Every month, Utah Business partners with Holland & Hart and Big-D Construction to host roundtable events featuring industry insiders. This month we invited the top building, construction, and design specialists to discuss the talent shortage, millennials, and safety. Moderated by Richard Thorn, President and CEO of the Associated General Contractors of Utah, here are a few highlights from the event.
WHAT'S THE STATE OF UTAH'S BUILDING, CONSTRUCTION, AND DESIGN INDUSTRY?
Rob Moore | President | Big-D Construction
We're in the usual spot where our backlogs are very good. The industry right now as a whole is probably struggling a bit with skilled labor and making sure we've got the labor in front of us to be able to perform our assignments. At stake for us is big ideas.
Jeremy Blanck | Project Executive | Okland Construction
The challenge that we're facing is what type of work do we do, how do we do it, when do we do it. It's forced us all to be a little more strategic. How can we take care of our existing clients and still grow a little bit and take on some new clients? You've got a lot of in-migration occurring and that's just continuing to build our market. So, we're still optimistic about where we're headed.
Craig Zwick | Chairman Of The Advisory Board | Zwick Construction Company
We need to be supportive of local higher education, to the extent that their entry levels allow our best and brightest. Maybe even a non-profit organization. Right here in this valley, we could actually do some pretty significant vocational training. And when you've got an ever-growing Hispanic community, they can go beyond what they've ever imagined if we help them.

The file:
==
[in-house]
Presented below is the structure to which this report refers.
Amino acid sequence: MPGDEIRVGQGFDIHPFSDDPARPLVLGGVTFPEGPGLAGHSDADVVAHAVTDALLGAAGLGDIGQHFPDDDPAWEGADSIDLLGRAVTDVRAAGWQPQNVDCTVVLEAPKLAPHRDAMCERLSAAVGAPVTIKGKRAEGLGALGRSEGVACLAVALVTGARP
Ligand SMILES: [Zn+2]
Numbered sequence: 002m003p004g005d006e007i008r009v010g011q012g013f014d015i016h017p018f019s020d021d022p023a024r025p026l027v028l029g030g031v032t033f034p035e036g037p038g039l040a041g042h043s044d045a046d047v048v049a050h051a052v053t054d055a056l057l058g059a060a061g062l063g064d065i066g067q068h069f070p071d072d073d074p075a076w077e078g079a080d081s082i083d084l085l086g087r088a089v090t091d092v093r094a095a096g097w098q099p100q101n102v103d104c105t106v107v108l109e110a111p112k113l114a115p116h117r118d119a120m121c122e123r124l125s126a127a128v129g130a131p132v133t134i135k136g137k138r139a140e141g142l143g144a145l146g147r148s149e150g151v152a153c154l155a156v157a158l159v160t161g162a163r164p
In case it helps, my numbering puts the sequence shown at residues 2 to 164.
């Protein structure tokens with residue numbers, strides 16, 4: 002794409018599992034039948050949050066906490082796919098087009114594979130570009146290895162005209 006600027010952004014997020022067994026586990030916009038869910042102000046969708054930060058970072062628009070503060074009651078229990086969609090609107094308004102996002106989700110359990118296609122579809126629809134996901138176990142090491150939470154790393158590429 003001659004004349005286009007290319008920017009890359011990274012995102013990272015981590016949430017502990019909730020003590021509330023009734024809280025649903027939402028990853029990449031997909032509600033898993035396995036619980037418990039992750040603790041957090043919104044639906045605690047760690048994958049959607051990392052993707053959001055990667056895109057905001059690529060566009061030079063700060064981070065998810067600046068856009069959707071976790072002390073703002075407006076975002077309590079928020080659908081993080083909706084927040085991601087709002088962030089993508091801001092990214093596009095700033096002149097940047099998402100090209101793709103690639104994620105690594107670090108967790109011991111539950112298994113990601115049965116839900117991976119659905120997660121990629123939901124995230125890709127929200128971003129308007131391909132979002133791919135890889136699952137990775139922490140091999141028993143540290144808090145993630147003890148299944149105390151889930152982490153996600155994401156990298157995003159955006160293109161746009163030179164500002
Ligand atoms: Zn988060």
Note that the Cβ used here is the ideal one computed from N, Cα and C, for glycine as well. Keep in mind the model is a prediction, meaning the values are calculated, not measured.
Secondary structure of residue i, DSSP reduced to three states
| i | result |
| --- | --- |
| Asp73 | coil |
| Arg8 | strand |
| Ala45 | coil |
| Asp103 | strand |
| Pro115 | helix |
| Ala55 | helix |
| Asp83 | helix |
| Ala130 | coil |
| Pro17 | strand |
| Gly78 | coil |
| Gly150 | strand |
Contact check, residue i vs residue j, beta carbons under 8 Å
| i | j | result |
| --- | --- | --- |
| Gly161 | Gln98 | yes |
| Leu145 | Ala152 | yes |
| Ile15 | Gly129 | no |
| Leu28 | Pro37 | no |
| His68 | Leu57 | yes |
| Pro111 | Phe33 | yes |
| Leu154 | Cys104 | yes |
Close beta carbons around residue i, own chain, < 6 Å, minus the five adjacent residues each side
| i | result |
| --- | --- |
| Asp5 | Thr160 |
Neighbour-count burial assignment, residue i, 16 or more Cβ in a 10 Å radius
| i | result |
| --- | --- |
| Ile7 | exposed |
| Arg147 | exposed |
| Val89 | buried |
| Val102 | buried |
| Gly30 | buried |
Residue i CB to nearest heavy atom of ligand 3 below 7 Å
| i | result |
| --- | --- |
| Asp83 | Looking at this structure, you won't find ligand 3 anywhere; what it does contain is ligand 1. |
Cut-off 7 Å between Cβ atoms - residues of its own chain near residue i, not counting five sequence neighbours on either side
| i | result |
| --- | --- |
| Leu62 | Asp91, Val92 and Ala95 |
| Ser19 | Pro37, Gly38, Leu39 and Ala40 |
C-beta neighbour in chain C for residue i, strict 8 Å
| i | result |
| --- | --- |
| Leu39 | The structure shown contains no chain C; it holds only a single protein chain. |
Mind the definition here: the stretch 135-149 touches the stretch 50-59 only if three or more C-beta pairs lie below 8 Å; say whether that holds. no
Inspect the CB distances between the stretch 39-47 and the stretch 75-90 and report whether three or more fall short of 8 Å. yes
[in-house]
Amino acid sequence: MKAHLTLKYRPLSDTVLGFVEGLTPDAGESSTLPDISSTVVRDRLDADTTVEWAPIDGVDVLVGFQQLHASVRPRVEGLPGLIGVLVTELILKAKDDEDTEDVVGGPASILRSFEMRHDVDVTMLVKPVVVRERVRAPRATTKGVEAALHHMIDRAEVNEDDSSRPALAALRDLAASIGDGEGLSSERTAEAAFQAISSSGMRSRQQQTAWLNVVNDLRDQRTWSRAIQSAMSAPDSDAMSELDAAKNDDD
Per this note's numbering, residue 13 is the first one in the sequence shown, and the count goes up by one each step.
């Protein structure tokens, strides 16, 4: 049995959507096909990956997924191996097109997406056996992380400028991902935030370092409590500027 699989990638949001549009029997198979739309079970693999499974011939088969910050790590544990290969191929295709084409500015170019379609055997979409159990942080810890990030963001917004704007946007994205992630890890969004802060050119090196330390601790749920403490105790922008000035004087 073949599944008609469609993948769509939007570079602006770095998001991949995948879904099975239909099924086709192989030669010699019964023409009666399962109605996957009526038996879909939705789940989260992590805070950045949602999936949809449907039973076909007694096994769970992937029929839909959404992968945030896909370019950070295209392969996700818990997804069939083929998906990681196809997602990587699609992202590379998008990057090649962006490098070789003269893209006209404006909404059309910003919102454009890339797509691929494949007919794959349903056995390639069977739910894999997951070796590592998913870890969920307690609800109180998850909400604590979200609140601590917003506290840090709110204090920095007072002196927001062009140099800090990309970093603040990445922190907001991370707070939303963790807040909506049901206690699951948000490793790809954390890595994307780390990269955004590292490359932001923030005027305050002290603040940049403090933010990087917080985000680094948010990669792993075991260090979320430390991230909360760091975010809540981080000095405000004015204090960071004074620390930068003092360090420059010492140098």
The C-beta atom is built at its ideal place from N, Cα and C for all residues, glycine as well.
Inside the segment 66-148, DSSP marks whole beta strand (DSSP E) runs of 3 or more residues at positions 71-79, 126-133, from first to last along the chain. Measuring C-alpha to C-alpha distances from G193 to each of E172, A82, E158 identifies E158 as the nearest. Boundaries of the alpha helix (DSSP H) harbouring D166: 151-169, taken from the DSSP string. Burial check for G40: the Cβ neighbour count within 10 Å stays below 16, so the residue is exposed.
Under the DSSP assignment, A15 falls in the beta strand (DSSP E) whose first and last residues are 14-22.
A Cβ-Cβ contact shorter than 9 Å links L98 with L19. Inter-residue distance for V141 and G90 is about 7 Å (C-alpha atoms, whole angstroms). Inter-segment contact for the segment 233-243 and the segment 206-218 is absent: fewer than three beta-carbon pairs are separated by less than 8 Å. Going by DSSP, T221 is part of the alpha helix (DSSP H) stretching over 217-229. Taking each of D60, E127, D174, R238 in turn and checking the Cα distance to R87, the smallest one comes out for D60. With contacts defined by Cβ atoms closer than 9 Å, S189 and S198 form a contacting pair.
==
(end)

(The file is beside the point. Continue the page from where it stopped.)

SladeOphelkens | President | R&O Construction
Anything we can do to not push everybody to go to a four-year college and to be willing to enjoy the thrill of picking up a hammer and knowing what it's like to actually build something and leave [behind something besides a stack of papers].
Keith Buswell | Vice President | Wadman Corporation
We talk about the kids in high school who are great with their hands. There's a lot of things that they can do, we just need to be able to steer them towards a long-term opportunity in our industry. It's high tech, there's a lot of computer things that they don't have to get a bachelor's or master's degree to be able to work in our business.
Brett Nielsen | Vice President Of Operations | Whitaker Construction
It's becoming more and more difficult to put a bucket in the ground. Damage prevention is becoming more and more of an issue. All three legs of the stool for damage prevention, the owners, the locators, and the excavators, all play a pivotal role. If any of those start to slide a little bit, we're starting to put our people in the general public in harm's way. We all have to step up and do a little bit better to help protect ourselves.
Andrew Jones | Vice President | Tempest Enterprises
It is harder to put a bucket in the ground. We deal with soils and water, and not only groundwater, but potential hazardous environments, and it is becoming harder to look at our success triangle of safety, quality, and production. But the safety and environmental...